# Building the period-finding circuit for Shor's Algorithm & the classical complexity of finding the period

I've been trying to learn about Shor's algorithm by writing out implementations of the circuit for modular exponentiation, $${ a }^{ x }\; ({ mod }\; N)$$, to find the period $$r$$ for small numbers such as:

$$(N=15,\quad a=11)\quad \longrightarrow \quad r=2$$,

$$(N=35,\quad a=13)\quad \longrightarrow \quad r=4$$,

$$(N=21,\quad a=5)\quad \longrightarrow \quad r=6$$.

I know these are incredibly small numbers, but I realised that in order to actually start building the cicuit at all (using the binary exponentiation method), I needed to calculate the values of $${ a }^{ { 2 }^{ k } }\; ({ mod }\; N)$$ for all $$0\;\le\;k \; <\; 2\; \lceil { \log _{ 2 }{ N } }\rceil$$, which pretty much immediately made the values of $$r$$ obvious before I'd even started building the circuit.

For example, take the least trivial case from the above, where $$r=6$$. I needed to calculate:

$${ 5 }^{ 0 }\; ({ mod }\; 21)=1$$,

$${ 5 }^{ 1 }\; ({ mod }\; 21)=5$$,

$${ 5 }^{ 2 }\; ({ mod }\; 21)=4$$,

$${ 5 }^{ 4 }\; ({ mod }\; 21)=16$$,

$${ 5 }^{ 8 }\; ({ mod }\; 21)=4$$,

$${ 5 }^{ 16 }\; ({ mod }\; 21)=16$$.

Simply by inspection, I can already see what the value of $$r$$ must be, because the result is the same when $$x$$ increases by six or twelve, but not after increasing by two or three.

I therefore have two questions:

1. Is calculating these modular exponentials of $$a$$ to powers of two required when building these circuits, or is there some way of not even having to do that?

2. If we do need to calculate these values, can we not find the period $$r$$ of this modular exponentiation function classically in an efficient way, starting with these values and then using a method analogous to 'interval halving', or an I being misled by using small numbers? [SEE EDIT]

EDIT: As Mark S points out, the results of modular exponentiation have very little structure, and so although perhaps faster than $$O(N)$$, such an 'interval halving' method would not have logarithmic complexity, thus would be slower than Shor's algorithm for large enough $$N$$.
The fast "modular exponentiation by repeated-squaring" part of Shor's algorithm is only one of the many ideas in Shor's paper, and I think a more critical idea/breakthrough is the QFT itself. However, without something equivalent to modular exponentiation by repeated-squaring, you have no way of having a small circuit to evaluate $$f(x)$$, so that you can perform the QFT on $$\vert x\rangle\vert f(x)\rangle$$.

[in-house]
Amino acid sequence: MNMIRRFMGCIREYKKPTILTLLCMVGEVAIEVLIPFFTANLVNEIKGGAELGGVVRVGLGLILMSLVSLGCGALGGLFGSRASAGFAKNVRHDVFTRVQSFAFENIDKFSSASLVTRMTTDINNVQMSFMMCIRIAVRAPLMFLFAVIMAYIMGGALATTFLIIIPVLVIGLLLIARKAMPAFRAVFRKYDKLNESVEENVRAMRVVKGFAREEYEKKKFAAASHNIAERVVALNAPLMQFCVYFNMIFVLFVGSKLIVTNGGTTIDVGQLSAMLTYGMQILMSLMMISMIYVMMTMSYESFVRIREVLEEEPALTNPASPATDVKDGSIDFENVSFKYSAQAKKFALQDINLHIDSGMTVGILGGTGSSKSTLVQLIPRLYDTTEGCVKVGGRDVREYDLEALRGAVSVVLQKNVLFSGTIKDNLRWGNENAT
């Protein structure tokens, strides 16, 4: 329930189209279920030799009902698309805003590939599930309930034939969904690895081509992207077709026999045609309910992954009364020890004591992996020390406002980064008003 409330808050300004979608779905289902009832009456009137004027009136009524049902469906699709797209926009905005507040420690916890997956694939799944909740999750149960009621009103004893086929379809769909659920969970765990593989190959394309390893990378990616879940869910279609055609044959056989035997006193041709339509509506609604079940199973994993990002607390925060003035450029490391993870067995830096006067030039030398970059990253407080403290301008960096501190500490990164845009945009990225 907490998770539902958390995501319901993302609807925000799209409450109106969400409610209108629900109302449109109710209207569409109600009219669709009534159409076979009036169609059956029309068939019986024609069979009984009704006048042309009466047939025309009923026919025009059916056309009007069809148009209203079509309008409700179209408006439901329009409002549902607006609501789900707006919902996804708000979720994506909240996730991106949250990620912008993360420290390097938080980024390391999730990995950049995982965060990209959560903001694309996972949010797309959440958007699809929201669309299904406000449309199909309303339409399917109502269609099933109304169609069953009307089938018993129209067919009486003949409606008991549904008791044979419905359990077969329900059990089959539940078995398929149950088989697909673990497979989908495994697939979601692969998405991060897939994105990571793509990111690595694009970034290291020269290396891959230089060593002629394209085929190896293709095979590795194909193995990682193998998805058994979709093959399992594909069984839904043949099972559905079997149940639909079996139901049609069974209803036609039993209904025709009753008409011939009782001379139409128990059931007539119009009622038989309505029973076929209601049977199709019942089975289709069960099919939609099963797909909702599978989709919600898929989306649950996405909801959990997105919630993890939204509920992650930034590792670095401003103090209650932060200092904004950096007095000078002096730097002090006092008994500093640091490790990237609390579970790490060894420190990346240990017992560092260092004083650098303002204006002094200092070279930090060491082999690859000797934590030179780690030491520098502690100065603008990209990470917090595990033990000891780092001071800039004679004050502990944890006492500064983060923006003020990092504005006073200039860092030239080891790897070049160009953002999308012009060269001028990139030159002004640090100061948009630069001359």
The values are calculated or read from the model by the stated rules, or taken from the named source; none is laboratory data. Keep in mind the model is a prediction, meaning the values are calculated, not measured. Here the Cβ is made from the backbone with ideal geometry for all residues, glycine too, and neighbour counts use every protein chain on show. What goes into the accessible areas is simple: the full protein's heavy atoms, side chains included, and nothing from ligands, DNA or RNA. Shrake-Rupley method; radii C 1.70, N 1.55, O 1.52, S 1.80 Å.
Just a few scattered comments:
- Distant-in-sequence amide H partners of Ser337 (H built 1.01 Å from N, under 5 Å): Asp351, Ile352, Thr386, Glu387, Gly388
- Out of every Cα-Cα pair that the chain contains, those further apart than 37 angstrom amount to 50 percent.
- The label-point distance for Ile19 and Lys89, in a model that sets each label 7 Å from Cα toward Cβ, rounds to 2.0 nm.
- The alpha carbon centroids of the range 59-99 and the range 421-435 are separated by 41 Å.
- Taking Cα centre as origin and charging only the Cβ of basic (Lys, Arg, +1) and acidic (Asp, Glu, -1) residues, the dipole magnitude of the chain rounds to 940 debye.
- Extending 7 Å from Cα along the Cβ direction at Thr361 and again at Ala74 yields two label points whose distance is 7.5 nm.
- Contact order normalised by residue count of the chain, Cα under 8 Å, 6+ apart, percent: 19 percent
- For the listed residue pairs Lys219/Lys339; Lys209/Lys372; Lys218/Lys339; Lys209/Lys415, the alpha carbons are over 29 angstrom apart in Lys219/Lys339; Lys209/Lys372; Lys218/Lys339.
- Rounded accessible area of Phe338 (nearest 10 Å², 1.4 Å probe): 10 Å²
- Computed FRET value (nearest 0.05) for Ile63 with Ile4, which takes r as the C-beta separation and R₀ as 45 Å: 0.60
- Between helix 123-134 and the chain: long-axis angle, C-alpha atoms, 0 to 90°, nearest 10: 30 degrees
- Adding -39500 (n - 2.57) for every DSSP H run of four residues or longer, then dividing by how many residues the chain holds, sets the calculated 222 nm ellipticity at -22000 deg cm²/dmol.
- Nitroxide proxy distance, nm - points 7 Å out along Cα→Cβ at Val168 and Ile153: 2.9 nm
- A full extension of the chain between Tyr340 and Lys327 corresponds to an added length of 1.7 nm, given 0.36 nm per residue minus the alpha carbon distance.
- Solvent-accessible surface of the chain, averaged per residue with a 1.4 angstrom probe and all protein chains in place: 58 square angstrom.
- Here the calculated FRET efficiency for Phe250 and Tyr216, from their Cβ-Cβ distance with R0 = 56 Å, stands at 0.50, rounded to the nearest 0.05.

I also think you are being significantly misled by looking at such small numbers. You'll need to prepare a state $$\vert x\rangle\vert f(x)\rangle$$ somehow; here $$f(x)$$ is evaluated with repeated-squaring, which is honestly pretty darned fast already, when $$x$$ gets large. It's not clear if a "binary search" is not already what the repeated-squaring is effectively doing.
• Maybe what I meant by 'binary search' in my second question wasn't clear. What I mean to ask is whether it is possible to quickly find the period r (without any quantum computation) by looking at the values of the modular exponentiation to powers of two, then based on the answers, selectively calculate other values of a^x (mod N) via a form of 'interval halving' until we can deduce what the period is. Surely we don't have to calculate it for every single value of x to do that? I suppose the complexity of doing this must be larger than building and using the cicuit, but I can't see how. May 15, 2020 at 23:03
• But $a^x\bmod N$ doesn't have much structure that you could leverage for interval halving? You'll need at least two different $x$ such that $a^x\bmod N$ is the same, in order to have a chance of knowing the period... May 15, 2020 at 23:51
• Yeh, you must be right, but I just need to convince myself of it. You get quite a lot of tests done each time you calculate a new value, so my original thought was that it would be faster than $O(N)$, but I suppose it isn't logarithmic, which it would have to be to beat Shor's. May 16, 2020 at 2:02